Pastoral Relief and Retreat

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Wethersfield, CT, United States
I am Pastor at Poquonock Community Church, Congregational (CCCC) in Windsor, CT. My wife Jama and I live in Wetherfield, CT. We'd like to invite you to Terre Haute -- High Ground -- That's what Jama and I call the retreat space on our property. We offer free intentional get-away retreats. We'll feed you and house you and give you space to be with the Lord. All are welcome; no questions asked. This blog is my daily devotional journal. I write it because it is so easy to go for weeks without ever taking the time to be alone with God. Writing helps me develop a discipline I need.

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Friday, January 30, 2009

January 28, 2009 The Harvest

READ: Matthew 9:35-38
35 And Jesus went throughout all the cities and villages, teaching in their synagogues and proclaiming the gospel of the kingdom and healing every disease and every affliction.
36 When he saw the crowds, he had compassion for them, because they were harassed and helpless, like sheep without a shepherd.
37 Then he said to his disciples, The harvest is plentiful, but the laborers are few;
38 therefore pray earnestly to the Lord of the harvest to send out laborers into his harvest.

O the deep, deep love of Jesus, vast, unmeasured, boundless, free!
Rolling as a mighty ocean in its fullness over me!
Underneath me, all around me, is the current of Thy love
Leading onward, leading homeward to Thy glorious rest above!
-- S. Trevor Francis, 1875

I've always been afraid of the ocean. I don't often go in ocean water, even if it is warm and inviting. The reason is that ocean waves are unpredictable. I'm not a strong swimmer, and I'm quite sure I could be sucked under by a strong current or a rip tide. I much prefer the safe waters of a lake, or better yet the perfectly placid waters of a nice chlorine pool.

So it is that I hate to admit that my reason for holding to reformed theology is not entirely... well... theological. A good piece of it is because I can 'handle' the relatively calm waters of calvinism. It makes sense. It is actually pretty reasonable. Even though I'm stuck with a whole host of paradoxes I don't like, at least God is predictable.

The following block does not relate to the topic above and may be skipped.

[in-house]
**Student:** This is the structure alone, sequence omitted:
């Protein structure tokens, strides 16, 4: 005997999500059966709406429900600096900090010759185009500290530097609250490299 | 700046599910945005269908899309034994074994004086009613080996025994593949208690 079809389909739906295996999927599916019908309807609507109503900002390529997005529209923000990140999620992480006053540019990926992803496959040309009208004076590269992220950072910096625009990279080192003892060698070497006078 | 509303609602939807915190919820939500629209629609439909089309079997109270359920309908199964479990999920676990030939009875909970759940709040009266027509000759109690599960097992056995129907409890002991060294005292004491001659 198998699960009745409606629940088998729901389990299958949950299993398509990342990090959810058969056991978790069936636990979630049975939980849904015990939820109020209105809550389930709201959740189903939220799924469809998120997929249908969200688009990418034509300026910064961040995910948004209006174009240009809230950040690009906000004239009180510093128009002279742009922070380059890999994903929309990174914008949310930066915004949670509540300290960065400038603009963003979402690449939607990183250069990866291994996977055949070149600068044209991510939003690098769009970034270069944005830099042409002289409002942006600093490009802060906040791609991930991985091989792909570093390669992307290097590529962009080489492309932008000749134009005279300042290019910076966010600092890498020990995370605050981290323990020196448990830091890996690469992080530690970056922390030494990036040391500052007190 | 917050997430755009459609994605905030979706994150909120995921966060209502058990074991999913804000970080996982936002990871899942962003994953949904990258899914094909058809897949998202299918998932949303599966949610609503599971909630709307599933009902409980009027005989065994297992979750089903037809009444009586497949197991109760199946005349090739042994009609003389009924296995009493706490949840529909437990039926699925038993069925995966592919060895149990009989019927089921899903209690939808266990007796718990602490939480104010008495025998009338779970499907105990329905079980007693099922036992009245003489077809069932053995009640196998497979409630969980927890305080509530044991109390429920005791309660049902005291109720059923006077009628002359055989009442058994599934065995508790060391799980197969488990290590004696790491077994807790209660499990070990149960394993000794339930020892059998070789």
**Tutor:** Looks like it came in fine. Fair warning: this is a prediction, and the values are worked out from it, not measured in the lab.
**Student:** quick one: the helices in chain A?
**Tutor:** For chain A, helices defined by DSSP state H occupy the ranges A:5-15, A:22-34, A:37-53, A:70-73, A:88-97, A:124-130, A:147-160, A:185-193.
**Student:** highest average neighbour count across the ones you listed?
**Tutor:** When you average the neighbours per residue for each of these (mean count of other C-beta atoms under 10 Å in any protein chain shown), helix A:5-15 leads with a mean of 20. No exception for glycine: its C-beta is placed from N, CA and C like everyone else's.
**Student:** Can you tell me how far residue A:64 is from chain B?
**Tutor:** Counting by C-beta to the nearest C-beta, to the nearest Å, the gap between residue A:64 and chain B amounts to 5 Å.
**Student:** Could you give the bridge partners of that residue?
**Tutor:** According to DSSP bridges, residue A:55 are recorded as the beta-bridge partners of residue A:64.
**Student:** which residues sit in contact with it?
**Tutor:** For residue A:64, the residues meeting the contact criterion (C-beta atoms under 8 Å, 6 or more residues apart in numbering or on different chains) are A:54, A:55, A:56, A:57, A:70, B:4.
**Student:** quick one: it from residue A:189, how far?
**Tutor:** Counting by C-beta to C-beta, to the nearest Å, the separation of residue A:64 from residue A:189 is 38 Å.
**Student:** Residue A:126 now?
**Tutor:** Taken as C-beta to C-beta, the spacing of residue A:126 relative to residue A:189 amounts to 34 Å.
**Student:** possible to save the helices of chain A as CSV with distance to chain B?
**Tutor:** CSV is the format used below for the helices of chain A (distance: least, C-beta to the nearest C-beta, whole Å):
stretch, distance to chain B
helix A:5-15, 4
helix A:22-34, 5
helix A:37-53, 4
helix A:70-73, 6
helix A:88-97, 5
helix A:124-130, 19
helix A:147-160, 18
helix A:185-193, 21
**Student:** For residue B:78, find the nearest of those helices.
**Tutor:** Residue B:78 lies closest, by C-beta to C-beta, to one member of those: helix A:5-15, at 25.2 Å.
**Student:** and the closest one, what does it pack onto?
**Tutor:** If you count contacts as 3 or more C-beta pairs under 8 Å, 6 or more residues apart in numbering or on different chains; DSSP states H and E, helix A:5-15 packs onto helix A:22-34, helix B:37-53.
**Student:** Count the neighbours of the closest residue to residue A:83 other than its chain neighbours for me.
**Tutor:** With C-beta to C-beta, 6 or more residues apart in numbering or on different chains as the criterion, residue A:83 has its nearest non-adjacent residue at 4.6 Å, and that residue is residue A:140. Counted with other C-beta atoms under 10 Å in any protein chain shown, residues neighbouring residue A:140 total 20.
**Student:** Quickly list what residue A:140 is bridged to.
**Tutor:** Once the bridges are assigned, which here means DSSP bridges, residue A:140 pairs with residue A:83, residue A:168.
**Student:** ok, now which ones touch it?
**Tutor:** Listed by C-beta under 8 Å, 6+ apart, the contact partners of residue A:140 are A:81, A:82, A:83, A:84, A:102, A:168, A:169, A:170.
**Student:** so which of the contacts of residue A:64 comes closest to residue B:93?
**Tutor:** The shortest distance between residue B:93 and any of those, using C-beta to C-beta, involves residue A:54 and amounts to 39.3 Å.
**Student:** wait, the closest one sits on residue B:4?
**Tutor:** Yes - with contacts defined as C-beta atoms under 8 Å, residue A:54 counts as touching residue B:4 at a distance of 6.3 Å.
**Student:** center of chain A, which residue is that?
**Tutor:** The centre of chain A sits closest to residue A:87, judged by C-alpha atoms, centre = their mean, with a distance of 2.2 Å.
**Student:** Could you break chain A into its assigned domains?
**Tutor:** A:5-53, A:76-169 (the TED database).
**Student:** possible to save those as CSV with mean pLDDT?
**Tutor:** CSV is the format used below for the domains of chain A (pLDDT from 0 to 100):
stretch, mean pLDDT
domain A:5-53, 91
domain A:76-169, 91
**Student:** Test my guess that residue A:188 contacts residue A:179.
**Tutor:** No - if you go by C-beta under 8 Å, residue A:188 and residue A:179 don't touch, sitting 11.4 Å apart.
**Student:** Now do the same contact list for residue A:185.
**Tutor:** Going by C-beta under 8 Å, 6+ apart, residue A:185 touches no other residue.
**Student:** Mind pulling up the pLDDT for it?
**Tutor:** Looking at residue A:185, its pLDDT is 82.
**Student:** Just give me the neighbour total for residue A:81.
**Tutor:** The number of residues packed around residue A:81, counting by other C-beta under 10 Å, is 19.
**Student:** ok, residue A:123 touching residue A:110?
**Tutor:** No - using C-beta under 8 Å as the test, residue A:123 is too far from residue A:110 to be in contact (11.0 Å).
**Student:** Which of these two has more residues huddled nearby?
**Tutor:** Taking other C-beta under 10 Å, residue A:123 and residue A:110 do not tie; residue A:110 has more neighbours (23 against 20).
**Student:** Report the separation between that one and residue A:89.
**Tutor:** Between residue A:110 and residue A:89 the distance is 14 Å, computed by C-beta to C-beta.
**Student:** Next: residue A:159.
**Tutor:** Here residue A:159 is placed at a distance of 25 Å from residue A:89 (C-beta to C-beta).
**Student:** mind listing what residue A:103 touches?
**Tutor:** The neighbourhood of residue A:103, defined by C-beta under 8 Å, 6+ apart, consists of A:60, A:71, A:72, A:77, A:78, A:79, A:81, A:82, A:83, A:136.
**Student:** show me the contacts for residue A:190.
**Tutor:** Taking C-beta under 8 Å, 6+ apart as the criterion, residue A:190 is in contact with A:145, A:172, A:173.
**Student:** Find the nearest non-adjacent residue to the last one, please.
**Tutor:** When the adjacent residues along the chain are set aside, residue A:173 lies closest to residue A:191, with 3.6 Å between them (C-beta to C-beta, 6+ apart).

But I'll tell you... the idea of Jesus going through every village and city and "healing every disease and every affliction" is like having an ocean wave about to crash upon me. I don't want Jesus to have compassion on me. I'm a leader. I can handle myself! I don't want him to send out laborers into the harvest to save me. I'm supposed to BE the laborer who was sent out.

I recently hear an author talking about the book he had written say, "Everyone loves Jesus because we can make a picture of him so that he's anything we like." At the time I thought, "Yea, but no one wants the second person of the Trinity. That's like inviting GOD into your life."

Exactly.

In some ways it would be easier to have God heal a disease I might have than for him to heal the things I'm "afflicted" with. A disease is physical. There's an invader, and clearly it needs medicine. But an affliction? Haven't you ever heard of "self-inflicted wounds?" I can handle my afflictions quite nicely, thank you, as long as I'm not overpowered by anything. As long as I can stand on my own two feet I'll be okay. It is that WAVE I don't think I can stand.

Jon

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